Indian roofed turtle
The arched, elliptical carapace (to 23 cm) is widest behind the middle and unserrated posteriorly. The medial keel is prominent with a strong spinelike posterior projection on the 3rd vertebral. Vertebrals 2 and 5 are broader than long, while 1, 3, and 4 are longer than broad. Vertebral 3 is posteriorly pointed while the 4th is anteriorly pointed, making the seam between these two scutes very short. The carapace is brown, sometimes yellow or orange bordered, with a red to orange medial stripe. The plastron is long and narrow; the forelobe is much shorter than the broad bridge, and the hindlobe is slightly shorter than the bridge and contains a posterior anal notch. The humero-pectoral seam joins the plastral seam at an obtuse angle. The plastral formula is: abd > fem > an >< hum > pect >< gul. On the bridge, the inguinal and axillary scutes are nearly equal in length, or the inguinal is slightly larger. Plastron and bridge are yellow with at least two black elongated blotches on each scute, except the gulars and anals which have only a single blotch. The head is moderate in size with a projecting, short, pointed snout. Its upper jaw is not medially notched. Skin on the back of the head is divided into large scales. Dorsally, the head is black with a large crescent-shaped, orange to yellowish red blotch on each temple (these may unite posteriorly to form a V-shaped mark). The jaws are yellow, and the neck is black with numerous yellow stripes. Limbs are olive to gray, and spotted and bordered with yellow. They have large transverse scales.
The karyotype is 2n = 52; 20 metacentric and submetacentric, 10 subtelocentric, and 22 acrocentric and telocentric chromosomes (Stock, 1972; Bickham and Carr, 1983).
Males are brighter in color than females, and have long, thick tails with the vent beyond the carapacial rim. Females have short tails with the vent under the carapace. Females grow larger than males.
Kachuga tecta inhabits the Ganges, Brahmaputra, and Indus drainages in Pakistan, northern and peninsular India, and Bangladesh. Das (1991) also reports it in the Mahanadi basin.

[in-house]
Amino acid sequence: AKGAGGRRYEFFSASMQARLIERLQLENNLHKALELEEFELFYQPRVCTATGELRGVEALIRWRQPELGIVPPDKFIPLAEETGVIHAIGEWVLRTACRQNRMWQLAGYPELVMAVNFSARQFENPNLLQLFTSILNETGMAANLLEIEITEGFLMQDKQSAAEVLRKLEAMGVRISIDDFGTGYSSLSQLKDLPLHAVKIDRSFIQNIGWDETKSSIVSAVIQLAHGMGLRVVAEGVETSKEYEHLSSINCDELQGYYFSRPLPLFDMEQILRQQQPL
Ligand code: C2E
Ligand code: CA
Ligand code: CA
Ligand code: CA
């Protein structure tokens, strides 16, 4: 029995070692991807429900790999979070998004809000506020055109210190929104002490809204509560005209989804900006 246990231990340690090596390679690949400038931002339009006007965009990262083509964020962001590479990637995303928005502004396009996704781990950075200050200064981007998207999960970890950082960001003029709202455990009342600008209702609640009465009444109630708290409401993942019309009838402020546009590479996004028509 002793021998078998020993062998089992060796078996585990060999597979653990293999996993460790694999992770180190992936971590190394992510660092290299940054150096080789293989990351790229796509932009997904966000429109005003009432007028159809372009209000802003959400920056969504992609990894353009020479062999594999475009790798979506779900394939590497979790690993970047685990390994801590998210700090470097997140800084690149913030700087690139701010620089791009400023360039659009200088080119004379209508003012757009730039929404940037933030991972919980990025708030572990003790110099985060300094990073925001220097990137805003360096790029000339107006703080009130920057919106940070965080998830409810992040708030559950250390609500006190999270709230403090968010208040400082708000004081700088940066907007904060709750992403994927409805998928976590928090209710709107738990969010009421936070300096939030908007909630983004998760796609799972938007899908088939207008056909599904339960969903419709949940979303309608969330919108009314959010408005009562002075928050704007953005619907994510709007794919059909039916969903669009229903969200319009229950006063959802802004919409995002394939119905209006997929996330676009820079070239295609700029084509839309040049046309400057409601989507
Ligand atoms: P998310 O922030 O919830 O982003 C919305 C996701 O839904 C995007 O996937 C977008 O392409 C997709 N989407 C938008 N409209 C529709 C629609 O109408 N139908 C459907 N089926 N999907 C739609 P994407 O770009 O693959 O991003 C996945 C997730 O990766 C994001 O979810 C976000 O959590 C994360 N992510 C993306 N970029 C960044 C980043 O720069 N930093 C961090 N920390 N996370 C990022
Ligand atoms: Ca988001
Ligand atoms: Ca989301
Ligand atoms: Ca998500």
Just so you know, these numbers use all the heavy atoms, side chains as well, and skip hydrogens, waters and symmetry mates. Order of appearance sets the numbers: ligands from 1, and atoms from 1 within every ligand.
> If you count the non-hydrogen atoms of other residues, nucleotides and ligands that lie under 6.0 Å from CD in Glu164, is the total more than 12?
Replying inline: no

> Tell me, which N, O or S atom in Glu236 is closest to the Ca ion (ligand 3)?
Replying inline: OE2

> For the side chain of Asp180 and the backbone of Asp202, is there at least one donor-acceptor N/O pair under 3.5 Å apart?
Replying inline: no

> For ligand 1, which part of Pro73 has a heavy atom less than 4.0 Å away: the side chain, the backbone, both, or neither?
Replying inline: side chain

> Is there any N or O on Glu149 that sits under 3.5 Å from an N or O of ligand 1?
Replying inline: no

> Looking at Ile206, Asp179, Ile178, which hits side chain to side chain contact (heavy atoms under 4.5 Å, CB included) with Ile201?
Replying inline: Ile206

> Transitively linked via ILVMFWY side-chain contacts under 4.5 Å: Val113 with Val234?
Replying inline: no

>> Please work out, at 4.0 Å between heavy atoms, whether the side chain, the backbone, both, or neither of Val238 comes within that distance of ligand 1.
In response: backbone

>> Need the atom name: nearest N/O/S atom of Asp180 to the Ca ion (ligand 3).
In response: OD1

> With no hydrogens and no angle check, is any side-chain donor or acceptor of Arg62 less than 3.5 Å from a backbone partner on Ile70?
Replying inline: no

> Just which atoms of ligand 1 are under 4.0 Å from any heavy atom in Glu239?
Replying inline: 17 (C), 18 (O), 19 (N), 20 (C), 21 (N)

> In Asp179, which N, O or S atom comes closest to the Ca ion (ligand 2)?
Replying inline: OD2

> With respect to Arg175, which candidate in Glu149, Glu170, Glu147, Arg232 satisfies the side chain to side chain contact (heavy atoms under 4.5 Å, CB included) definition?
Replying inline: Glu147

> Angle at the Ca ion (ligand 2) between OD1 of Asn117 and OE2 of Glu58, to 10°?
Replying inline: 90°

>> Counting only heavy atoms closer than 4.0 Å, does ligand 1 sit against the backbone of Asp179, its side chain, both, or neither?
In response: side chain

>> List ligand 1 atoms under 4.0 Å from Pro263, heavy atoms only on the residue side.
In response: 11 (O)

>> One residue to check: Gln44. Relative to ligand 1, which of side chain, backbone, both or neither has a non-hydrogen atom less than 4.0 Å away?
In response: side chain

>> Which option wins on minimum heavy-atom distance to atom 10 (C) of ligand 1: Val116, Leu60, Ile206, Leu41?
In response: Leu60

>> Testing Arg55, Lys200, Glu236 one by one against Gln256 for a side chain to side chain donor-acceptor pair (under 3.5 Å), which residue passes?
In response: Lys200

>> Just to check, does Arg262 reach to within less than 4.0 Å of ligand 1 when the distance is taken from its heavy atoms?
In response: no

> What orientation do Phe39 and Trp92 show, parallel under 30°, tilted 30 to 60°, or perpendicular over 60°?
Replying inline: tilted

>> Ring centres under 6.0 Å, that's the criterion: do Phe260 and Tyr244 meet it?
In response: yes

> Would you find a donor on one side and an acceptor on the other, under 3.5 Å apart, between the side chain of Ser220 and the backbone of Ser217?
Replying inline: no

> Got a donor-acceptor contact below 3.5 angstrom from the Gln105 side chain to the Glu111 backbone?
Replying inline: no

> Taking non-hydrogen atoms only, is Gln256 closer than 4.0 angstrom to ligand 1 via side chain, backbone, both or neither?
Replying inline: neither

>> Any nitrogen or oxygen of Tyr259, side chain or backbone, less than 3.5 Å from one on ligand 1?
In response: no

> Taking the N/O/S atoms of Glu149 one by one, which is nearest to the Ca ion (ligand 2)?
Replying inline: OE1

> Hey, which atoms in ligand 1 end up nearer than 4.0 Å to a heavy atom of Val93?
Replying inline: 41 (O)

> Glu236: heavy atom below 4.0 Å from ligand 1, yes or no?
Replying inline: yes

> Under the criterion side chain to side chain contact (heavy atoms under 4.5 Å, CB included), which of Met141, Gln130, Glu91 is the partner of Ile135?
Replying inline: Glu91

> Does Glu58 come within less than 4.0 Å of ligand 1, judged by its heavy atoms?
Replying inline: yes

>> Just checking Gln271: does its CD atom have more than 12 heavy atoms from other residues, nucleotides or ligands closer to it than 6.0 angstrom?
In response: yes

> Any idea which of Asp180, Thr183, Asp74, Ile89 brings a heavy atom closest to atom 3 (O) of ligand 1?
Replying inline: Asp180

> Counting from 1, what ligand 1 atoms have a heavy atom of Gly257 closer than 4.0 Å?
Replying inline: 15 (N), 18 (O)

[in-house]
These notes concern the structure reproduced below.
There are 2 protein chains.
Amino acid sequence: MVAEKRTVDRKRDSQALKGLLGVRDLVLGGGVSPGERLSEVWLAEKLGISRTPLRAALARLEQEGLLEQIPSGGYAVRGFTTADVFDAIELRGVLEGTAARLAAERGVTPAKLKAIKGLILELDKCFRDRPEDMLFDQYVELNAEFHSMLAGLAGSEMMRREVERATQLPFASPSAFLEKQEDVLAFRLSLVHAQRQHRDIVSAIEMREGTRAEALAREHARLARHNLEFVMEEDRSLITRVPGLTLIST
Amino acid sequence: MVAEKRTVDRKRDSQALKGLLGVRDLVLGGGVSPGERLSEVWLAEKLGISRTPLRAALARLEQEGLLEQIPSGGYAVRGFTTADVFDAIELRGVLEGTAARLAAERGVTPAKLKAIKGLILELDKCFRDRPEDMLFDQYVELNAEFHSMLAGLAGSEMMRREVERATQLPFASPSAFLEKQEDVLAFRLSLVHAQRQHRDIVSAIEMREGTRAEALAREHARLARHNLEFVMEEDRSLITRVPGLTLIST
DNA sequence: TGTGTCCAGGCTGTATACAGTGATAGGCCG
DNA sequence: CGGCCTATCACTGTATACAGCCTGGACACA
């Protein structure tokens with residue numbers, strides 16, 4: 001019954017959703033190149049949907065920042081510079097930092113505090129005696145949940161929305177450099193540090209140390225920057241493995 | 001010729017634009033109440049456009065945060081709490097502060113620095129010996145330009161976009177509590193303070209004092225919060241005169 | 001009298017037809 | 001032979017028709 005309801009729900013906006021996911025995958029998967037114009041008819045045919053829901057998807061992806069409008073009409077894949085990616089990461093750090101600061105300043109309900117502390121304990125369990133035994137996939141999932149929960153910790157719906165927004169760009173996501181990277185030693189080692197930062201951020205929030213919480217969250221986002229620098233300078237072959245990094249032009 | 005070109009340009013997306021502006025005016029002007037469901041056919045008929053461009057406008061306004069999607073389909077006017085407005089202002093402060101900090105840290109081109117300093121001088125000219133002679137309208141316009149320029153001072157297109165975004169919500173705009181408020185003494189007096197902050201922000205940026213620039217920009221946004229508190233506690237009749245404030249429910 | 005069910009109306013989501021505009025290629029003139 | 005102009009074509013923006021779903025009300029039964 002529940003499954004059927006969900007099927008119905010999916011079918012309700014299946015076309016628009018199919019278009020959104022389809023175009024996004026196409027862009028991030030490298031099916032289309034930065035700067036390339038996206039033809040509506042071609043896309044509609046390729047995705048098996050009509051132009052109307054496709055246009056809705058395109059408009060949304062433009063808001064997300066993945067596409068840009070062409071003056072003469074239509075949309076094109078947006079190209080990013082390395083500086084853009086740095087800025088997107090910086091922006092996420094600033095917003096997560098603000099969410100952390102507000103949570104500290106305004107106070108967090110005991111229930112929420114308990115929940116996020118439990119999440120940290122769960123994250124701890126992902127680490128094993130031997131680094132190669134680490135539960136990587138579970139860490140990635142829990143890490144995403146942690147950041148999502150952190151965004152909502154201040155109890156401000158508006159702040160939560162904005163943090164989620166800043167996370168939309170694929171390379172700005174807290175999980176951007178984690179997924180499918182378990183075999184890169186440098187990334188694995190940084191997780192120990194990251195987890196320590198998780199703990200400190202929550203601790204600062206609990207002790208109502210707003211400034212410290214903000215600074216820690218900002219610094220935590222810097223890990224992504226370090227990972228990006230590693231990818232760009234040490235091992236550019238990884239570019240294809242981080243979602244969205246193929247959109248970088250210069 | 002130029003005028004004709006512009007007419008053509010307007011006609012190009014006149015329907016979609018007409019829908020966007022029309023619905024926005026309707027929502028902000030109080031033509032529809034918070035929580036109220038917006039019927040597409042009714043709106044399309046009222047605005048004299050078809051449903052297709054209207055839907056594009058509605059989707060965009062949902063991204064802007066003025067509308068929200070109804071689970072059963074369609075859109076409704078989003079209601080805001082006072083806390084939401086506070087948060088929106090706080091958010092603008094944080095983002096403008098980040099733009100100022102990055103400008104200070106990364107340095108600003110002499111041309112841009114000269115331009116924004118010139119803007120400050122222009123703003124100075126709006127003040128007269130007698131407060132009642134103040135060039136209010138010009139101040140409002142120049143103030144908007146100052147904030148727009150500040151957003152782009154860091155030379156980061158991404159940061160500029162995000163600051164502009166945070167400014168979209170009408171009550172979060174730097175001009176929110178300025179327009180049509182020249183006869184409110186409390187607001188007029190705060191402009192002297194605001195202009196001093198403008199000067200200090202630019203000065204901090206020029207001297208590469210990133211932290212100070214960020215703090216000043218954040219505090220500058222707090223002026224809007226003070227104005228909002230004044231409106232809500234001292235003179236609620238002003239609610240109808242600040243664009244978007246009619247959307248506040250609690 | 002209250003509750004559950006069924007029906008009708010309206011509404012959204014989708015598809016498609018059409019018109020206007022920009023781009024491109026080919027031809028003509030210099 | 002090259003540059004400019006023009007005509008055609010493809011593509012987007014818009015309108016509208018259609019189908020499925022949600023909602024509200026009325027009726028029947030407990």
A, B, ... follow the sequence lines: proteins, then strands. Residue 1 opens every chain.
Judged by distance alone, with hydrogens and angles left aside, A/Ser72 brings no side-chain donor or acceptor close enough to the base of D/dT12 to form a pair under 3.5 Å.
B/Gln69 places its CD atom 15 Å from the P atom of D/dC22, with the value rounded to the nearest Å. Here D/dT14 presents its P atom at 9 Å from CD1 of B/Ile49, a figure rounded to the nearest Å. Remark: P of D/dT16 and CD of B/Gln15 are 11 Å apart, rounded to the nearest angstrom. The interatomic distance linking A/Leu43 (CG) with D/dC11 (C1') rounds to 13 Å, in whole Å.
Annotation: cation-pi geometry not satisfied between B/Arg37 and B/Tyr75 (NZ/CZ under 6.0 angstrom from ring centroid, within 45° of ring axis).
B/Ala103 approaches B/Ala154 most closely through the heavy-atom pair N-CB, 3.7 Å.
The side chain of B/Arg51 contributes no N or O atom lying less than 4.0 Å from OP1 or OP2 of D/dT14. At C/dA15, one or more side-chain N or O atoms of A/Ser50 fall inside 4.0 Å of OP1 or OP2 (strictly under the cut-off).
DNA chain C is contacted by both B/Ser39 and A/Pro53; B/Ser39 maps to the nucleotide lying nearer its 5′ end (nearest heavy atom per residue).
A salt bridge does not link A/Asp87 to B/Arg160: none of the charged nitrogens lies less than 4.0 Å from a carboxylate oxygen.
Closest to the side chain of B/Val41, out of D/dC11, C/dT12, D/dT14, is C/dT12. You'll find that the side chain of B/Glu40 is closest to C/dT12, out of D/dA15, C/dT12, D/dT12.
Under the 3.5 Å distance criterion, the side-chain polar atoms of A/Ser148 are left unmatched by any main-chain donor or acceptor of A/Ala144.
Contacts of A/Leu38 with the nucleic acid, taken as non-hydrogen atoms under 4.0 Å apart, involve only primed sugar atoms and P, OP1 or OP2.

According to Minton (1966), this is a quiet-water turtle, occurring in quiet streams, canals, oxbows, ponds, and man-made water tanks. Hossain and Sarker (1995) report it also occurs in brackish coastal waters. A soft bottom and abundant aquatic vegetation are preferred conditions.
Male K. tecta develop a small tubercle at the end of the thick tail during October, just before the breeding season, and shed it in March (Vyas and Patel, 1993). Vyas and Patel (1993) thought this tubercle helps in probing the females cloacal vent during courtship. During courtship the male swims along the females side and may also circle her.
Nesting has been reported in October (Mishra, 1984), December (Vijaya, 1982b), January and February (Das, 1995), and February and March (Vyas and Patel, 1993); Moll (1987) found eggs in January and Ahmad (1955) in March. Hossain and Sarker (1995a) report K. tecta in Bangladesh oviposits in two separate periods, from the beginning of December to mid-January and from mid-February to the end of March. A nest cavity 14-20 cm deep is usually dug, but Vyas and Patel (1993) reported a female laid eggs and then returned to the water without covering them.
Clutches contain 3-14 elongated (35-45 x 21-29 mm) eggs (Ahmad, 1955; Vijaya, 1982b; Moll, 1987; Vyas and Patel, 1993); Hossain and Sarker (1995a) report clutches with a maximum of 15 ovoid (50-51 x 20-21 mm), white eggs, that tend to become bluish at hatching time. The natural incubation period lasts 70-144 days (Vijaya, 1982b; Vyas and Patel, 1993). Hatchlings have 34.1-35.2 mm carapaces (Vyas and Patel, 1993) and weigh 7 g; for a description, see Moll (1987).
According to Hossain and Sarker (1995a), this species is omnivorous, feeding on aquatic plants, like water hyacinths and weeds, and animal prey such as crabs and snails; it also scavenges.
IUCN Red List Status (1996)